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The Religious Face of Iraq

Since a death sentence was called down on the writer Salman Rushdie by the Ayatollah Khomeini, the term "fatwa" has been linked in the West with a medieval notion of retribution. But the vast majority of fatwas have to do with details of bathing, menstruation, sex and business. And though they reflect the dictates of ancient religious ideas, they are part of a dynamic tradition in which religion is constantly adapting to new challenges and threats. One of the liveliest sources of new religious thought is on the Internet, where fatwas are available online for Muslims grappling with a changing world.

Sistani's thought builds on and elaborates the rulings of his revered predecessor, Khu'i. Taken individually, out of context, rulings such as those offered by Sistani can seem disturbingly preoccupied with moral minutiae, often raising more questions than they seem to answer.


A day after Iraq's national election, residents of Baghdad's Sadr City celebrate an expected victory by waving posters of Grand Ayatollah Ali Sistani, Iraq's most revered Shiite leader. (Hadi Mizban -- AP)


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If, for example, a "person commits sodomy with a boy, the mother, sister and daughter of the boy become haraam for him," begins one ruling. The particulars of the fatwa deal only with the status of women related to a sodomized boy, who would seem to be the more pressing object of religious concern. But numerous other rulings deal with the impermissibility of same-sex relations. The seeming narrow focus of religious rulings is an inevitable byproduct of their being essentially refinements of first principles. For the poetry of those first principles, for the soaring statements of right and wrong and decency that Christians find in the Sermon on the Mount, one has to look to the books -- the Koran and the Hadith -- upon which Sistani's thought are based.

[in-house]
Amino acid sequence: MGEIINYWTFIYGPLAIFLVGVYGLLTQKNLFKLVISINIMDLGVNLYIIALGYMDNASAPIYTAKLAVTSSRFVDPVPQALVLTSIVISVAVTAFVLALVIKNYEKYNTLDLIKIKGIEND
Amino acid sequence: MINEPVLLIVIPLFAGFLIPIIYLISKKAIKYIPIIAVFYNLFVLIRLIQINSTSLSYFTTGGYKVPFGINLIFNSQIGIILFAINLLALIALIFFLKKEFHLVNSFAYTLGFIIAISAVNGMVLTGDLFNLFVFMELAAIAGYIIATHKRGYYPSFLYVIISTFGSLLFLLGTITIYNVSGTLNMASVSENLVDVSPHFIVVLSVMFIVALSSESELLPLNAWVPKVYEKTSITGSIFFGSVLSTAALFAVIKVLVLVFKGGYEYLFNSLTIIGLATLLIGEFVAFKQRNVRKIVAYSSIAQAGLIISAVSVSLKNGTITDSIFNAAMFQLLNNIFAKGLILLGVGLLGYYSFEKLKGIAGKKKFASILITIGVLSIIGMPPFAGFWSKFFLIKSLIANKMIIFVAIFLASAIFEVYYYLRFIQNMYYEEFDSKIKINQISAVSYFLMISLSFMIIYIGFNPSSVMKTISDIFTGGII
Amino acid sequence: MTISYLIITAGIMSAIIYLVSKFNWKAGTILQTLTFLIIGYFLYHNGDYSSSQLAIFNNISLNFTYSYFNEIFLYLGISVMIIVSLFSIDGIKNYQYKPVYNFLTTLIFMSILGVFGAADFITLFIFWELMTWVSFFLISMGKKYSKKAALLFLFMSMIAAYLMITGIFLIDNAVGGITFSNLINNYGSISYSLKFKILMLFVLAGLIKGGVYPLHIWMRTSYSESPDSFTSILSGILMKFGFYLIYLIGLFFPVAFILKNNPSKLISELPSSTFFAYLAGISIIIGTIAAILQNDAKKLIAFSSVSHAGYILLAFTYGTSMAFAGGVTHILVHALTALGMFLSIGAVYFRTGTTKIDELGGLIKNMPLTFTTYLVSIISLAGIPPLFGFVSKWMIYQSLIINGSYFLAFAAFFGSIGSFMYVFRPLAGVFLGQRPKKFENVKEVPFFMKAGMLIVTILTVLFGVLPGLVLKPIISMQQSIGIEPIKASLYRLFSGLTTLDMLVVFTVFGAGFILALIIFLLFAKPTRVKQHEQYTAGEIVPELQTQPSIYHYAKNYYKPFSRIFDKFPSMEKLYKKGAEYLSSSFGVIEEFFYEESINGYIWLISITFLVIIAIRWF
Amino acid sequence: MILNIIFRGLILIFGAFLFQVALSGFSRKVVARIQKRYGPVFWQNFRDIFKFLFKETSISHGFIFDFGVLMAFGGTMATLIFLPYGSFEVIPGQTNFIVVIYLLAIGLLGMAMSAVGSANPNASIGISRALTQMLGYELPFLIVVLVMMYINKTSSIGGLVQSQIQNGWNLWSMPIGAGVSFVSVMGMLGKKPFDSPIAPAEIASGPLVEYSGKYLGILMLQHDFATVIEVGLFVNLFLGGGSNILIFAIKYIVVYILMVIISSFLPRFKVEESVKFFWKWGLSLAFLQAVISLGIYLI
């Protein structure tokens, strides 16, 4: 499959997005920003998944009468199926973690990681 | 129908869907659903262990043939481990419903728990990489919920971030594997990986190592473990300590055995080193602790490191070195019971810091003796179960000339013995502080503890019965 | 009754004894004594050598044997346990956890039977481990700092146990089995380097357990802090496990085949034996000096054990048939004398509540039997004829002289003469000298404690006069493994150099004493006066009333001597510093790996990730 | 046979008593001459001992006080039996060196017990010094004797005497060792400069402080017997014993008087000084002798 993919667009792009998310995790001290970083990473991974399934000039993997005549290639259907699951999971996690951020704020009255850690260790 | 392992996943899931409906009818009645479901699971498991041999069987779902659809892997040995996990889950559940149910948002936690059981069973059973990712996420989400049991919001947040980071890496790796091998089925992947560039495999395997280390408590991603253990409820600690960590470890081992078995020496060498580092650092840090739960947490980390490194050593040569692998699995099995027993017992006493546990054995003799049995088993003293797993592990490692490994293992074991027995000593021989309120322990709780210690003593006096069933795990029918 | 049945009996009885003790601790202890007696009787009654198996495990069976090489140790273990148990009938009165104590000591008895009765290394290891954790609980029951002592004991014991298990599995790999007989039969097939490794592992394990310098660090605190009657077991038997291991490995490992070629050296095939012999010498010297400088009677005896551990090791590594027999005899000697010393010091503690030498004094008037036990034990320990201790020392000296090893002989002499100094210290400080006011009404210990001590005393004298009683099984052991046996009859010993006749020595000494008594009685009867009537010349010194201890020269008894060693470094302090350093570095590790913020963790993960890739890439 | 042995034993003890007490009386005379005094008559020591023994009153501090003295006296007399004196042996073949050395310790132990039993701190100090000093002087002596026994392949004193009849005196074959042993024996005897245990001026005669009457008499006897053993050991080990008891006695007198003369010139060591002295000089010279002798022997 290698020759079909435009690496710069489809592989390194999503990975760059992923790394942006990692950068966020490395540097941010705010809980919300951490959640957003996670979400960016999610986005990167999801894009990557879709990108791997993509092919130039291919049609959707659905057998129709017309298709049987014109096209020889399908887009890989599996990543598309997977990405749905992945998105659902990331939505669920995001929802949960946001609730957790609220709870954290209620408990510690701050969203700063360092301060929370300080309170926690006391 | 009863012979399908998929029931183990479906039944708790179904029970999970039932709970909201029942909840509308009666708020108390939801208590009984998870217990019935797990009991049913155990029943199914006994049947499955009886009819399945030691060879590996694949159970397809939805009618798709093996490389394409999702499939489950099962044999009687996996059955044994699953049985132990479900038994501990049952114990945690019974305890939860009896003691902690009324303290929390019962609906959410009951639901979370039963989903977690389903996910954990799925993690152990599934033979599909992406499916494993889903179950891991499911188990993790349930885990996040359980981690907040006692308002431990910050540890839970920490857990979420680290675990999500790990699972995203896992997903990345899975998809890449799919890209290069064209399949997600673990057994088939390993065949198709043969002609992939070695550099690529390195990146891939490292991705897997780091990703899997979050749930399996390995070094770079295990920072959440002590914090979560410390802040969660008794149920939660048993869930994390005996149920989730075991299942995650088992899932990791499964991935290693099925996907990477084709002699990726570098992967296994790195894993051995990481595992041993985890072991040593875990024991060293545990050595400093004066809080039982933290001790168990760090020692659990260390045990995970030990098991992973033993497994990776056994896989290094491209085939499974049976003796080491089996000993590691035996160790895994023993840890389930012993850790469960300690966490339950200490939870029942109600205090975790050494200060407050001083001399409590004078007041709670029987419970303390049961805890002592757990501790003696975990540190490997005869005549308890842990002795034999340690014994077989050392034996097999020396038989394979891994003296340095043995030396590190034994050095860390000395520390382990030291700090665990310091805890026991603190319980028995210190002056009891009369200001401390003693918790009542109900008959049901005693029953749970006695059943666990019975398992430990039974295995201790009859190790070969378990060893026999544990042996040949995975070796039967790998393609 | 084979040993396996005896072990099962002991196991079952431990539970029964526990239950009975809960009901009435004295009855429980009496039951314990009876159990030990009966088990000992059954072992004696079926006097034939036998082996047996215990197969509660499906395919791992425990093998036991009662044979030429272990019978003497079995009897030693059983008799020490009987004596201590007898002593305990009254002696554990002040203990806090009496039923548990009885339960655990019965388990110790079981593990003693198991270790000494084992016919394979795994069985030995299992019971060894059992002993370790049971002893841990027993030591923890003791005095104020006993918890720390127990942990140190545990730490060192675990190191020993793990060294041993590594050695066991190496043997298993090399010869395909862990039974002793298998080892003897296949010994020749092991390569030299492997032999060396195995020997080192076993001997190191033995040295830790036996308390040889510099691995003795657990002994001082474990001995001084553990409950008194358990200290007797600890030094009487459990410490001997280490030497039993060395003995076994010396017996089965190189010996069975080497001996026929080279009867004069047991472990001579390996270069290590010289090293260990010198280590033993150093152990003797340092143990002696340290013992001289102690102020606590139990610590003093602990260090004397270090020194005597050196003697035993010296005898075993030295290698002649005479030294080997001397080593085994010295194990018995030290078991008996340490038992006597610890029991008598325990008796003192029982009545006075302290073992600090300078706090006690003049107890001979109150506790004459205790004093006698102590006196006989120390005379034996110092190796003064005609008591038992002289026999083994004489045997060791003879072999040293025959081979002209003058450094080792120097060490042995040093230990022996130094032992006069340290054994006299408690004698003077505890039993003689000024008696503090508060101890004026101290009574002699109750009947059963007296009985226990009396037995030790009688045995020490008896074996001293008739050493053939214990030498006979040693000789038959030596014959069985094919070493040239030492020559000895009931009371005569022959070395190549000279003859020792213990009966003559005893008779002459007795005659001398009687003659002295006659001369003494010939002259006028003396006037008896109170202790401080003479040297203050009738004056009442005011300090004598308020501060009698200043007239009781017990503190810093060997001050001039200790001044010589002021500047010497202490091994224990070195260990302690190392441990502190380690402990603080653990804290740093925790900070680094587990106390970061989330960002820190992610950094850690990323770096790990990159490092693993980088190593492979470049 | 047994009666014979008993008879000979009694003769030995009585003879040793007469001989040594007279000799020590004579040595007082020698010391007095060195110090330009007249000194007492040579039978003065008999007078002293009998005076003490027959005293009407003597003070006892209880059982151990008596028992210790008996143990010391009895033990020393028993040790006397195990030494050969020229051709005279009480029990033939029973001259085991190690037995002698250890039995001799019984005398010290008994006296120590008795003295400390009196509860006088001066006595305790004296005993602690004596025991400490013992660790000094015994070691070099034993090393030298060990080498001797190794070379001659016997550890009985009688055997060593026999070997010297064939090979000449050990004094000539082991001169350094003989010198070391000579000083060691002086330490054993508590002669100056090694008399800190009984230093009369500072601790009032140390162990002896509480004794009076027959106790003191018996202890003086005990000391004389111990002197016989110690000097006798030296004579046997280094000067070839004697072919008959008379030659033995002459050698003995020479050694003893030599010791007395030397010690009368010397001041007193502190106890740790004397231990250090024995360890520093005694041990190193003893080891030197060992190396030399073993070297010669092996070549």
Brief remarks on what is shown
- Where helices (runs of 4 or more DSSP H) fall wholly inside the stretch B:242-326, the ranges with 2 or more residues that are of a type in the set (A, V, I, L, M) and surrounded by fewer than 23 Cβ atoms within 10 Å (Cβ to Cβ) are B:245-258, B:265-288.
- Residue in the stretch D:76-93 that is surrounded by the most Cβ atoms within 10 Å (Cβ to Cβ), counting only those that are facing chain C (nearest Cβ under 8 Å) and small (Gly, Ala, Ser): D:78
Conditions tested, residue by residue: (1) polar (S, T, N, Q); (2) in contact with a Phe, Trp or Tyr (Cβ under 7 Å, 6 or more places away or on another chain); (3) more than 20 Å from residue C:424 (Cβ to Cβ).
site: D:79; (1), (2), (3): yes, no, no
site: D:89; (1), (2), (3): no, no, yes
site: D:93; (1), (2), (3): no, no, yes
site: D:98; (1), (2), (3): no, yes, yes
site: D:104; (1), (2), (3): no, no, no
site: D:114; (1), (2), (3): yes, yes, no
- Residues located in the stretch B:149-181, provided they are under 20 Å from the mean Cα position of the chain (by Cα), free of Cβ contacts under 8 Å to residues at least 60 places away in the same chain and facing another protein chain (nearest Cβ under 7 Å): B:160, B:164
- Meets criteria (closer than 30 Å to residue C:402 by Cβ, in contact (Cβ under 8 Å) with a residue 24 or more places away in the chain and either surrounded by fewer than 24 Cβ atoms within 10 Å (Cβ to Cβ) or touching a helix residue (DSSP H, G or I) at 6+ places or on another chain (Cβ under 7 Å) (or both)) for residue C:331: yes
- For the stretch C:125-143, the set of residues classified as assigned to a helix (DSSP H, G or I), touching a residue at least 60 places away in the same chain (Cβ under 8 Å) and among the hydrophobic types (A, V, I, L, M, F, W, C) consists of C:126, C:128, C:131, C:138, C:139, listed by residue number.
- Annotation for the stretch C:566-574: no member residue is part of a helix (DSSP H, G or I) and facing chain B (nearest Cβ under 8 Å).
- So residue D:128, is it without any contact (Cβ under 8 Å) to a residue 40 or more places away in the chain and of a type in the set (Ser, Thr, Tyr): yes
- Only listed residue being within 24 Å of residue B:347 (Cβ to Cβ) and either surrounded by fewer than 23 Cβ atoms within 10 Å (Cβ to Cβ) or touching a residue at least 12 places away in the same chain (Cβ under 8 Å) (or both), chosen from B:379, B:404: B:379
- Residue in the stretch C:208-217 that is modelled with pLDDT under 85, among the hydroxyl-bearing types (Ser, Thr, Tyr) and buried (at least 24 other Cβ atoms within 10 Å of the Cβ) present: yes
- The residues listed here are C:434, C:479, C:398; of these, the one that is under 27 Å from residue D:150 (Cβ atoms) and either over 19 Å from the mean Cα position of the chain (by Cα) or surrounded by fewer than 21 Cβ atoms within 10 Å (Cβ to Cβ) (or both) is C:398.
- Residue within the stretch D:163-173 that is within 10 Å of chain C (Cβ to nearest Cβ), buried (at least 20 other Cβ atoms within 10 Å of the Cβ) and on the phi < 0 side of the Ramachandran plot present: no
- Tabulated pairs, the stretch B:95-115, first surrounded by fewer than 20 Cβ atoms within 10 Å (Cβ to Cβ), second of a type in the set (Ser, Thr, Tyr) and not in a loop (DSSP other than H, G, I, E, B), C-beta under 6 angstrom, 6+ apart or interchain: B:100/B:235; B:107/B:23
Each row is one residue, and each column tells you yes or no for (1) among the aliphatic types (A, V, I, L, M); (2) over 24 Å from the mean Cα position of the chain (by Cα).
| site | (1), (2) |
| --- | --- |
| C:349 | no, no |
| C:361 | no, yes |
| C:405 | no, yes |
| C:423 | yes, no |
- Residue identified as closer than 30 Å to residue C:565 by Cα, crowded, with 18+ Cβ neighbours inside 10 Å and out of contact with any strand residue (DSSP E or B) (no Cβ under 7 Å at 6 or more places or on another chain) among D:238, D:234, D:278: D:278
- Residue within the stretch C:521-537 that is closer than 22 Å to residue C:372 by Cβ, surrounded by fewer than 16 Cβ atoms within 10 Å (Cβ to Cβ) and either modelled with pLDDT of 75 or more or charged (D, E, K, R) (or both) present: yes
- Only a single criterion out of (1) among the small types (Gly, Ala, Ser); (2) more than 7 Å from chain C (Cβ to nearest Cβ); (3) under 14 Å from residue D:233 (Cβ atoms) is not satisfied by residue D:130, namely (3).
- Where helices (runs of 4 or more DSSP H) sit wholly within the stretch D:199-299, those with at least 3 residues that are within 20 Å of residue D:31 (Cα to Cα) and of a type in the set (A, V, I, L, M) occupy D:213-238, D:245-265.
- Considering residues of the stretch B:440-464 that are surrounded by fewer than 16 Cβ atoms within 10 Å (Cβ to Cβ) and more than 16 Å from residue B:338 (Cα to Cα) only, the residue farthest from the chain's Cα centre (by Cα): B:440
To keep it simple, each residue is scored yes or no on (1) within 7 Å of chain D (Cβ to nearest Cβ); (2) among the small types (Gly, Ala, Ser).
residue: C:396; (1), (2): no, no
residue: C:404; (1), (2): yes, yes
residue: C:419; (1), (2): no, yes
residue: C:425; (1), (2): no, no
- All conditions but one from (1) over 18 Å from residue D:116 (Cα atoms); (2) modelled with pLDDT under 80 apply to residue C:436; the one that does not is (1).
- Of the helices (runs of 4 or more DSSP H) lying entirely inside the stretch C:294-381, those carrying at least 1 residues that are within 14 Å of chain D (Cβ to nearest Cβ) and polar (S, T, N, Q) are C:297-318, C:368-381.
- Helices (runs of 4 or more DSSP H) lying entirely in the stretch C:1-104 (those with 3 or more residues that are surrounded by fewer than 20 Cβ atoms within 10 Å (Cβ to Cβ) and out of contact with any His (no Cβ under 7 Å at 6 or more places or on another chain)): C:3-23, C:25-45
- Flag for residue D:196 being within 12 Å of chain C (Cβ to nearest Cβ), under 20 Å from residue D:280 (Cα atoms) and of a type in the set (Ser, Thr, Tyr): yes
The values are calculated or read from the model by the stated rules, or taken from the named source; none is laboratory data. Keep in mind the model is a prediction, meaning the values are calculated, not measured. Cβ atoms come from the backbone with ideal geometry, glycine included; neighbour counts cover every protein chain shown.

U.S. political leaders, including Vice President Cheney and Secretary of Defense Donald Rumsfeld, have been eager to reassure Americans that, despite Sistani's immense influence, the ayatollah has shown no interest in stepping directly into Iraq's political fray. They have contrasted Sistani's religious focus with the overt call to political arms in the writings of Khomeini.

They are right about the political differences between Sistani and Khomeini. Reading the works of Khomeini after the works of Sistani is a bit like dipping into Plato's "Republic" after spending time with Aquinas: Khomeini had a sweeping, revolutionary view of the state as a source of virtue, markedly different from Sistani's limited view of the state as an institution run by the best men one can find.

Some of Khomeini's writing even engages directly with the mainstream, legalist tradition represented by Sistani, in a way that suggests that Khomeini was self-conscious about the challenge of forging modern political entities out of the ancient traditions of Islamic law.

"But the foreigners have whispered to the hearts of people, especially the educated among them: Islam possesses nothing," Khomeini wrote in "Islamic Government," encouraging readers not to succumb to Western parodies of Islamic religious strictures. It is self-defeating to think of Islam as "nothing but a bunch of rules on menstruation and childbirth."